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Dr. Eileen de Villa, second left, Medical Officer of Health for the City of Toronto, sits alongside Dr. Andy Smith, left, president and CEO of Sunnybrook Health Sciences, as they attend a news conference in Toronto on Jan. 25, 2020.

Chris Young/The Canadian Press

Toronto’s top doctor says public health will recommend that the city’s school boards implement a “gradual introduction” to sports, clubs and other extracurricular activities as early as this month.

Eileen de Villa, Toronto’s Medical Officer of Health, said in an interview on Saturday that the safe return to in-person learning was a priority. She also acknowledged that it was important for students to participate in extracurriculars in school, but felt a more cautious approach was “reasonable.” She said Toronto Public Health will work with school boards to see what is doable.

“We are going to recommend a gradual introduction. So it’s not necessarily, ‘Look you’re going to get nothing in September.’ It’s what’s safe [and] what are the schools prepared to do,” Dr. de Villa said.

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Toronto Public Health told school boards on Wednesday to pause extracurriculars, including sports and in-person clubs, for the month of September. The decision came on the eve of a return to school for thousands in the city, and created a furor among students and educators.

Toronto high-schoolers shut out of sports, clubs for September: ‘I feel lost’

High-school students – more than any other cohort in the public education system – have seen some of the most dramatic changes to their schooling in response to the pandemic. Now, even though they are eligible for the COVID-19 vaccine and most provinces have said extracurriculars should resume, the more-transmissible Delta variant threatens to disrupt a third school year.

On Saturday, Dr. de Villa said teens “have done the right thing by getting vaccinated, and I would thank them for doing the best thing they could do to protect themselves and others around them. And we’re looking forward to working with the school boards to see them back on the field, or in the extracurricular activity that they love doing, as soon as is possible.”

She added: “I don’t think of it as a pause. I think of it as a gradual introduction of activities.”

Dr. de Villa said that her team was concerned about how schools manage the mixing of different classroom cohorts when students play sports or attend in-person clubs. She said that for activities that occur outside of school, it is clear who is part of a cohort. In schools, however, it is a “little more complicated,” she said, and if students interact with peers outside their cohorts, the greater the likelihood of transmission.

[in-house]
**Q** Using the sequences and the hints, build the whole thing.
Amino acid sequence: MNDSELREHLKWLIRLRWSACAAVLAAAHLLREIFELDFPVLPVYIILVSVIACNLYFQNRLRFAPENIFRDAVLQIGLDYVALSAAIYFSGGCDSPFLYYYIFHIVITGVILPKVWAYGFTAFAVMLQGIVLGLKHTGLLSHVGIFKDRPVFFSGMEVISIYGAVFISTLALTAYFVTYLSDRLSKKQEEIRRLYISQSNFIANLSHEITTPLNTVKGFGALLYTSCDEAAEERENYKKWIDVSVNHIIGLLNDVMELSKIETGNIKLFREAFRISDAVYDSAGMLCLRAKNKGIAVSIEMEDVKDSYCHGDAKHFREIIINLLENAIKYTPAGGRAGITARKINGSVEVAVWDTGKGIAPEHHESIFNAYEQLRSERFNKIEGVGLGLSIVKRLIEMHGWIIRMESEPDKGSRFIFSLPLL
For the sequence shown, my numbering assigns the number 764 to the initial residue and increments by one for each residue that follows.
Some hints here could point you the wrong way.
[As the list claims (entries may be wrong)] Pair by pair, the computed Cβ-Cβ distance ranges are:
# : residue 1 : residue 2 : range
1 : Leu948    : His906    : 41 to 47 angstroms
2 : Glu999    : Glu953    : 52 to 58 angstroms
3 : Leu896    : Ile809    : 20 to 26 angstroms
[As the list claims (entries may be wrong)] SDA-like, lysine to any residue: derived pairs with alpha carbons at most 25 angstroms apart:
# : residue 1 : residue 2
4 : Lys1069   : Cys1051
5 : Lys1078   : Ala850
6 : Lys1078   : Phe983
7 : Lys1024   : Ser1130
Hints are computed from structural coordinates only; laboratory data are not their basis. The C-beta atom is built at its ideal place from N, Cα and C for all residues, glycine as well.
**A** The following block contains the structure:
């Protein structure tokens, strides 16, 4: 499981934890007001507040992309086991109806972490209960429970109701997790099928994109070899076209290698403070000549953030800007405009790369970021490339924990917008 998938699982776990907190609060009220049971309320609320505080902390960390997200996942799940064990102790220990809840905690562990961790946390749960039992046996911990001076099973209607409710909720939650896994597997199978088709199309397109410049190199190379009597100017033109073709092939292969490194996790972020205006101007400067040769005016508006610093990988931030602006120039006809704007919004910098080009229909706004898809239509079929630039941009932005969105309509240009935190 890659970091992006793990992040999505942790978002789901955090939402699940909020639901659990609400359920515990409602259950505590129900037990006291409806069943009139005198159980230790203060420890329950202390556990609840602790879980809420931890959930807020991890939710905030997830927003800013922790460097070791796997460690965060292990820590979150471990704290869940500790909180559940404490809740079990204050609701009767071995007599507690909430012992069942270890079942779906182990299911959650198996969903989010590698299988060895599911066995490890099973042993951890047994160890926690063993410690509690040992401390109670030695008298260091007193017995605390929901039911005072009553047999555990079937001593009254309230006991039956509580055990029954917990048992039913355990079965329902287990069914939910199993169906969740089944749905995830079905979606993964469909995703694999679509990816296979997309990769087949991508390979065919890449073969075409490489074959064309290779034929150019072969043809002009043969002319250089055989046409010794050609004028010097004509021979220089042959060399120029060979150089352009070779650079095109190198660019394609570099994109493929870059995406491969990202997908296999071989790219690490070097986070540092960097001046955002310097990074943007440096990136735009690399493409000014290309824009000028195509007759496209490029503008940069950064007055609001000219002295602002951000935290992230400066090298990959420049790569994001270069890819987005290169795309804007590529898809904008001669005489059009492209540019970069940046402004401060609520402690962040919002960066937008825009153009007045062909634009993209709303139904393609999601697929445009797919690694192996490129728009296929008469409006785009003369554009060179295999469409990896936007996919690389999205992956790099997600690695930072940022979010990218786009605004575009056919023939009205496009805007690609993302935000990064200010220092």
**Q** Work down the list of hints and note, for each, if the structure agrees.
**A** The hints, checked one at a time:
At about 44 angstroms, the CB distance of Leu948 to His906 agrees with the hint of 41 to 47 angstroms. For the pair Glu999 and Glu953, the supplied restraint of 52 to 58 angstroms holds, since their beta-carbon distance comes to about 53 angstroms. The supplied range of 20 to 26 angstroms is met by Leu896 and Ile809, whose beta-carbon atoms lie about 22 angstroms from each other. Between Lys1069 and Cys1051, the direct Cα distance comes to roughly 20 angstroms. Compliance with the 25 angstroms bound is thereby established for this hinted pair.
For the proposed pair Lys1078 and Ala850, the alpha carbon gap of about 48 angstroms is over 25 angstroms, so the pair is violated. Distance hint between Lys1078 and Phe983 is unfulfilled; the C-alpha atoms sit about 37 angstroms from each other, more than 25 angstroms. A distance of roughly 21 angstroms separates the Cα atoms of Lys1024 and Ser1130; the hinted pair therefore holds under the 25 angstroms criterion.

“We know that there will be cases. We’re trying to support our school board partners and offer them recommendations so that when those cases occur, even with mixed cohort activities, it’s clear who was a contact, who was exposed, [and] that can be identified very, very quickly … so follow-up can occur in as smooth a fashion as is possible in the circumstances we’re in,” she said.

Several sports typically start in the fall, including cross-country and field hockey, both of which take place outdoors. It is unclear if outdoor sports would be given priority.

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Education Minister Stephen Lecce has said that sports and clubs should be restored because they play a vital role in the physical and mental well-being of students. The province’s science advisory table recommended a return to extracurriculars, but also cautioned that local public-health officials could implement temporary measures and restrictions depending on how much virus is circulating in the community.

Neighbouring boards, including Peel and York, are going ahead with extracurriculars.

Dr. de Villa declined to speak to the rationale of other jurisdictions in resuming clubs and sports. She said Toronto has a large number of students, including the largest school board in the country. “These schools,” she said, “are operating in the midst of a pandemic after a number of months without in-person learning, and we are dealing with Delta.”

In the days after recommending a pause on extracurriculars, Dr. de Villa said public health heard from parents and students upset that they were being denied a more normal school year, but others wanted in-person learning to be a priority.

“We are committed to actually seeing the reintroduction of those activities, albeit in a cautious approach,” she said. “But we recognize there’s value to those, over and above instructional learning that happens within class.”

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